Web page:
The leaders in your organization, Quint Studer author of Results That Last notes, should meet one-on-one with each of their employees to provide detailed behavioral performance feedback. He suggests that the leaders meet first with the higher performers, the middle level performers next and finally the low performers. Behaviorally and psychologically, there are two reasons for this order. First, high performers make us all feel good about their work and performance and our own attitudes are bolstered by being with them. Second, high performers take less time to counsel and provide feedback than do the low performers.
Studer says that when talking with high performers we should be “recruiting to retain” them. Let them know how much you appreciate their work, tell them very specifically in behavioral terms when possible what value they bring to the organization and the customers and discuss what you can do to keep them engaged. Usually the answer to this question is more training, more opportunity, or more responsibility.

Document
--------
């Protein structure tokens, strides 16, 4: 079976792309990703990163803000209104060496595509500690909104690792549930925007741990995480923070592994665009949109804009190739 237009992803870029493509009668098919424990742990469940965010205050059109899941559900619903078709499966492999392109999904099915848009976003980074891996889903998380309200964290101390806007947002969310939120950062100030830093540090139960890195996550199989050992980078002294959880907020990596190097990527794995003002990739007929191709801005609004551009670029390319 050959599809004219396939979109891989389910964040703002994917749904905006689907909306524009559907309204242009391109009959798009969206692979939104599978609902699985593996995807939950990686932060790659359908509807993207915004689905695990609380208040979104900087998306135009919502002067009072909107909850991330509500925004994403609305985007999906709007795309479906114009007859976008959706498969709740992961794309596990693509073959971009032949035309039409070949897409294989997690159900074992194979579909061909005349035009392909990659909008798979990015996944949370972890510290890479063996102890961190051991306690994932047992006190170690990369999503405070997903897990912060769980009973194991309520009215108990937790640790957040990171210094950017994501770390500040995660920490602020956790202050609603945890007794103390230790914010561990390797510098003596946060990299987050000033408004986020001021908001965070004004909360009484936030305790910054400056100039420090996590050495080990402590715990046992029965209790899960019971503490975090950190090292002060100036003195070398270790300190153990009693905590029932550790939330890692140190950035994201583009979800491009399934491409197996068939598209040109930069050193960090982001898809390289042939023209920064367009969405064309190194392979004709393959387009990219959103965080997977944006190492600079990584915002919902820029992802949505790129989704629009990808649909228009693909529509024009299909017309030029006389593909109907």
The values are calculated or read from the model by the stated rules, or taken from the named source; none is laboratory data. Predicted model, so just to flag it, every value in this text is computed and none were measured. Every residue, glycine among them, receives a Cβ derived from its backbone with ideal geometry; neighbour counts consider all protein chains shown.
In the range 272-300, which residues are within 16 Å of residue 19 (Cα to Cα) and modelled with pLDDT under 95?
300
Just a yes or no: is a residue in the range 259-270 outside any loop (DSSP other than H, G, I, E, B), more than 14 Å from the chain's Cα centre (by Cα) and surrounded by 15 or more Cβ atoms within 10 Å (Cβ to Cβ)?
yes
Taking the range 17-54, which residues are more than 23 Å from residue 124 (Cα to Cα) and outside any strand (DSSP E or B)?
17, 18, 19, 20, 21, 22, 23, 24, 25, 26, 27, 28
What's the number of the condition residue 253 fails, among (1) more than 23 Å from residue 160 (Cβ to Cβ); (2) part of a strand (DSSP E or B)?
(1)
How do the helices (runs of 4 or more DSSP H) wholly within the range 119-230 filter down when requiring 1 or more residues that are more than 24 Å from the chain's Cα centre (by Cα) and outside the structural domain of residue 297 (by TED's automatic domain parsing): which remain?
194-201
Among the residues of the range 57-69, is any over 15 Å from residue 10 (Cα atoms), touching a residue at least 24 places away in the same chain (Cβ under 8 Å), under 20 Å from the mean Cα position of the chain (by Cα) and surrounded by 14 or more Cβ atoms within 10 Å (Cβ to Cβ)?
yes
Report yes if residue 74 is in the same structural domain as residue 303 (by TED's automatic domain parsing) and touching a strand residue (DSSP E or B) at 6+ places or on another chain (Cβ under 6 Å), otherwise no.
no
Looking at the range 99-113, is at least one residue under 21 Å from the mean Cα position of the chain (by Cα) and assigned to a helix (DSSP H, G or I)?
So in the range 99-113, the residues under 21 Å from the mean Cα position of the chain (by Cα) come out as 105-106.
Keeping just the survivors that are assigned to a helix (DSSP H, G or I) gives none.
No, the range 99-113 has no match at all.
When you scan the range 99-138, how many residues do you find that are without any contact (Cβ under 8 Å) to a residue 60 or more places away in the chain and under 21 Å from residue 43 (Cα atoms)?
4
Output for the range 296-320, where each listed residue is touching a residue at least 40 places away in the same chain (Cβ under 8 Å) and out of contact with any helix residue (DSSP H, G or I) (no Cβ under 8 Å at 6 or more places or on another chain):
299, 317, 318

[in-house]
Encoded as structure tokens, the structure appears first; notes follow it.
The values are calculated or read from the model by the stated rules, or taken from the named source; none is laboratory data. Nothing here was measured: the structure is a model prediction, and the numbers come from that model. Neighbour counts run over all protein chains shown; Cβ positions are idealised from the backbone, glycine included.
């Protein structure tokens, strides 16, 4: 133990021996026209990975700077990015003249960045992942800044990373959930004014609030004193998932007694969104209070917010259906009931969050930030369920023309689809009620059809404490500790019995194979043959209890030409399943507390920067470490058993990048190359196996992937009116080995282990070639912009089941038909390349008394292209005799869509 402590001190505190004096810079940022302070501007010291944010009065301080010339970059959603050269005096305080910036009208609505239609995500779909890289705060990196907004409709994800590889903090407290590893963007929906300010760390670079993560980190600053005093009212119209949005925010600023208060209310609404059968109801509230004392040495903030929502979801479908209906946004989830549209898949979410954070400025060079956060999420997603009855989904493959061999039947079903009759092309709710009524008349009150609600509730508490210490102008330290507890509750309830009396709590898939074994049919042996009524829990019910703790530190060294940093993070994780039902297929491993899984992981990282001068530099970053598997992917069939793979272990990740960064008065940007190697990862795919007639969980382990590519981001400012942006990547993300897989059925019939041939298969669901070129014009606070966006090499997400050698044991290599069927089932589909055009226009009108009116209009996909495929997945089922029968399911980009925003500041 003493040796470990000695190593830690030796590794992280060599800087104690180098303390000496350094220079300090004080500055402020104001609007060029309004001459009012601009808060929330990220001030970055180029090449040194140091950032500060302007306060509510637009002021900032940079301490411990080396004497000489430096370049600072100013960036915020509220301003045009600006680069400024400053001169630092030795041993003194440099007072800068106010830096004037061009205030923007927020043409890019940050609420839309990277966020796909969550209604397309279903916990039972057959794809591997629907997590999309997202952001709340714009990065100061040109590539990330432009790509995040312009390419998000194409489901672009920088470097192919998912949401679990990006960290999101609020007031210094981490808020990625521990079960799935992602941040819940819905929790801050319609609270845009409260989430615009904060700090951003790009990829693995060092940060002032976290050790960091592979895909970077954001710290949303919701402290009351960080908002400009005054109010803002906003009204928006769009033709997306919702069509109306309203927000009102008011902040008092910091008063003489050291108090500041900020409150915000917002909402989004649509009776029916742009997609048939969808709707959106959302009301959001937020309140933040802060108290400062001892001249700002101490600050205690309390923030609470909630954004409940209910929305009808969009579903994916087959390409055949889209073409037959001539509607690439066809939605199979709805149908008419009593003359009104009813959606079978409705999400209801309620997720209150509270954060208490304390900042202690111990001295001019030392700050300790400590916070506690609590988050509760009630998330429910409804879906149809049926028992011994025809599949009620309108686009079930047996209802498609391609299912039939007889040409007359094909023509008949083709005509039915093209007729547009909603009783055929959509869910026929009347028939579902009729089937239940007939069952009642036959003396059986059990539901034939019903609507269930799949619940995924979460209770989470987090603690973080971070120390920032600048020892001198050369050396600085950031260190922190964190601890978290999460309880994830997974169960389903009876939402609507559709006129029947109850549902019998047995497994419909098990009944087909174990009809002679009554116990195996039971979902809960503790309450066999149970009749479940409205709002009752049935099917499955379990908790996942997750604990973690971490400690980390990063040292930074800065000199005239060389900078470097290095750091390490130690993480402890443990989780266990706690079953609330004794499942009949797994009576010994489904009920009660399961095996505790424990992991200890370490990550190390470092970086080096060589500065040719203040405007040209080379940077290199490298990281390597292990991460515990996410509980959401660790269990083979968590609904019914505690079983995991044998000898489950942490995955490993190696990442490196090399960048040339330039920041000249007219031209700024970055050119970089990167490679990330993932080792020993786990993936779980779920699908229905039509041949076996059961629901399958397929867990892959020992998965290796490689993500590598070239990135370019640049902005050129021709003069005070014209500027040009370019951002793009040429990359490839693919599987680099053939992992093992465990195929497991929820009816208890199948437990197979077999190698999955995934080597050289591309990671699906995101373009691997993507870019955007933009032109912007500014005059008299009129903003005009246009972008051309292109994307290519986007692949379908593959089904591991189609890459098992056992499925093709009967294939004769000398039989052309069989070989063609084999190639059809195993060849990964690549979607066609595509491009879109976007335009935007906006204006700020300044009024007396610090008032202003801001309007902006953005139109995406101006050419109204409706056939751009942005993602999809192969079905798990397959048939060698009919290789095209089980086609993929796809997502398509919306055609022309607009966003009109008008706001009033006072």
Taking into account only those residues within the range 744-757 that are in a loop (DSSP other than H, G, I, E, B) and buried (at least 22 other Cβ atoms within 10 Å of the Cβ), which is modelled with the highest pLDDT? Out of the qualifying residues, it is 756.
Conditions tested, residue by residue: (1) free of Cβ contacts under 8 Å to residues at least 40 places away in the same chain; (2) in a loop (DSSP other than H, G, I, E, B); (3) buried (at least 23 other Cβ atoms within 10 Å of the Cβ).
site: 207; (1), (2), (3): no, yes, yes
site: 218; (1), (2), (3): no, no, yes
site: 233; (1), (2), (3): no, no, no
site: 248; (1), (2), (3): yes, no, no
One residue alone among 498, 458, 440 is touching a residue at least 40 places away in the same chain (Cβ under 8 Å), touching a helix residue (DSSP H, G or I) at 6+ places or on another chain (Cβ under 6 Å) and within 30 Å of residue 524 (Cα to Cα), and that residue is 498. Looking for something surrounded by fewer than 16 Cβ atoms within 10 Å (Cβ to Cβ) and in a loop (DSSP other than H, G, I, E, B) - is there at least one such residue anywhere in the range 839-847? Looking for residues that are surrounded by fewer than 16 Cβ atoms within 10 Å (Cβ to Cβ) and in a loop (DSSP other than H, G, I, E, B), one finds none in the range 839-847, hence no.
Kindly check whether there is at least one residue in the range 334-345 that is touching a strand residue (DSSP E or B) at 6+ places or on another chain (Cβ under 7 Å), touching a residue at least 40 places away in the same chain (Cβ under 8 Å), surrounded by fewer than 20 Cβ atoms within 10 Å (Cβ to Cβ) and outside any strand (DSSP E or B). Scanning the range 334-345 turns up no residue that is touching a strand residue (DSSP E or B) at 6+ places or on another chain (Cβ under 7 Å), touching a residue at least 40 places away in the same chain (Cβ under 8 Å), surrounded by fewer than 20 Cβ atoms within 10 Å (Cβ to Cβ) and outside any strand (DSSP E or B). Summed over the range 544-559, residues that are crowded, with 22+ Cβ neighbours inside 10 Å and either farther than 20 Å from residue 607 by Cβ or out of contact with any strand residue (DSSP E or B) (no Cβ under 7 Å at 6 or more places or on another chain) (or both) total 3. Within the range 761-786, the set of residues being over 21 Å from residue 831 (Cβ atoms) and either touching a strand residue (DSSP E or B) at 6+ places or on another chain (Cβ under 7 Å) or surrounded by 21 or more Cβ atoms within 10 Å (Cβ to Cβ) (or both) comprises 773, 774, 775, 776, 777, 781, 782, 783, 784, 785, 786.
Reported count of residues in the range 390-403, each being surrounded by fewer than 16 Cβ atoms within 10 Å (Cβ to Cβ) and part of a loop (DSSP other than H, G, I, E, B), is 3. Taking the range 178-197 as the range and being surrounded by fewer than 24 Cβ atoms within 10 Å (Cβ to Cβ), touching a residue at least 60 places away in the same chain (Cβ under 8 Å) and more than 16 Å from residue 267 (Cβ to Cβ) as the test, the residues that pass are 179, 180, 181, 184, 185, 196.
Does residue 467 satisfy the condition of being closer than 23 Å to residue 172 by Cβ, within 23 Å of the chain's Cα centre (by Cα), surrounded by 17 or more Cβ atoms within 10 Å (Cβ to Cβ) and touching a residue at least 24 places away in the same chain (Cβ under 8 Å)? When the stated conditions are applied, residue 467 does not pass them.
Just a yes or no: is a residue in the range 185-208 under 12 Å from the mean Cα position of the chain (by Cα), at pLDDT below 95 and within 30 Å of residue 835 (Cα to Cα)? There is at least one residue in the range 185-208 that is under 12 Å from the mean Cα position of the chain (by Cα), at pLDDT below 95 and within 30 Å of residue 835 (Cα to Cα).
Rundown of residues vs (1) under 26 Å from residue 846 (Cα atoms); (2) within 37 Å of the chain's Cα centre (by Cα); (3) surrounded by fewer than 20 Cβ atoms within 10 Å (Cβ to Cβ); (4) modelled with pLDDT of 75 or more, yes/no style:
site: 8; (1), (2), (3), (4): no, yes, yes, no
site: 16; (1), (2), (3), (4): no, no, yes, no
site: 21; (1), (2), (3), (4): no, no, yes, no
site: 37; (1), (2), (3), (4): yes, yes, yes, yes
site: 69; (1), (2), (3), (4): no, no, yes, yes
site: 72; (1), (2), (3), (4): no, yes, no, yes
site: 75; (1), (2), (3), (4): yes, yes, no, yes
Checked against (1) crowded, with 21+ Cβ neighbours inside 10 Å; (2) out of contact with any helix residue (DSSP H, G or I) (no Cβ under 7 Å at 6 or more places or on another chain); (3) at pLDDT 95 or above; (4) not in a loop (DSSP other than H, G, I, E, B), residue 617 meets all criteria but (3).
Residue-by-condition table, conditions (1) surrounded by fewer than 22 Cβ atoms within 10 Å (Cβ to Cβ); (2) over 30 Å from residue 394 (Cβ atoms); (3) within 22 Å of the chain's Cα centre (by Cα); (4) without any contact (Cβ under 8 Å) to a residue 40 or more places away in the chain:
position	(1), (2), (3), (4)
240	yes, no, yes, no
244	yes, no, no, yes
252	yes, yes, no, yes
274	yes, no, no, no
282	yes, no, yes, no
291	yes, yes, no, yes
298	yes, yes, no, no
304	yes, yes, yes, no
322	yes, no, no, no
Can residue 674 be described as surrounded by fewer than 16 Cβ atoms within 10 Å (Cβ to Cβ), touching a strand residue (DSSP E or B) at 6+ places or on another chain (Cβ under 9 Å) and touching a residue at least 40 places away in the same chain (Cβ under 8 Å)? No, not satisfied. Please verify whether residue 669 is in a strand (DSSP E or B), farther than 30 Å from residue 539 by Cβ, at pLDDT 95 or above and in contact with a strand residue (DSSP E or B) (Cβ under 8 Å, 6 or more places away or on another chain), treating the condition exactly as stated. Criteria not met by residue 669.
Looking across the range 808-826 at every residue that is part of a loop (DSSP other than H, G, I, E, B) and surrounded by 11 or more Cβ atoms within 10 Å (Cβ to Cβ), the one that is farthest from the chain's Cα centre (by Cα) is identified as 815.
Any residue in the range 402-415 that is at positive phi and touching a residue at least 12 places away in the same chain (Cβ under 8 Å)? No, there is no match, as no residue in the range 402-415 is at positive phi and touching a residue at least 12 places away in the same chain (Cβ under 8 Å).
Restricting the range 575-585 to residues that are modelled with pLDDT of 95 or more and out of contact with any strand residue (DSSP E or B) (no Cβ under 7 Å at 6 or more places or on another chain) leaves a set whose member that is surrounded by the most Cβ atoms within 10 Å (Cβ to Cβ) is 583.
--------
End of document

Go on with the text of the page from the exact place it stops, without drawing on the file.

Middle level performers should be told clearly that you want to keep them onboard as well. Discuss with them professional development opportunities and your commitment to providing that. These middle performers will leave these meetings feeling great when the conversation is handled appropriately. They know they are wanted and valued, and that they have an organization and leadership that is committed to their development.
With high and middle level performers focus your conversations about their performance on supporting them, coaching them and then reassuring them with more support.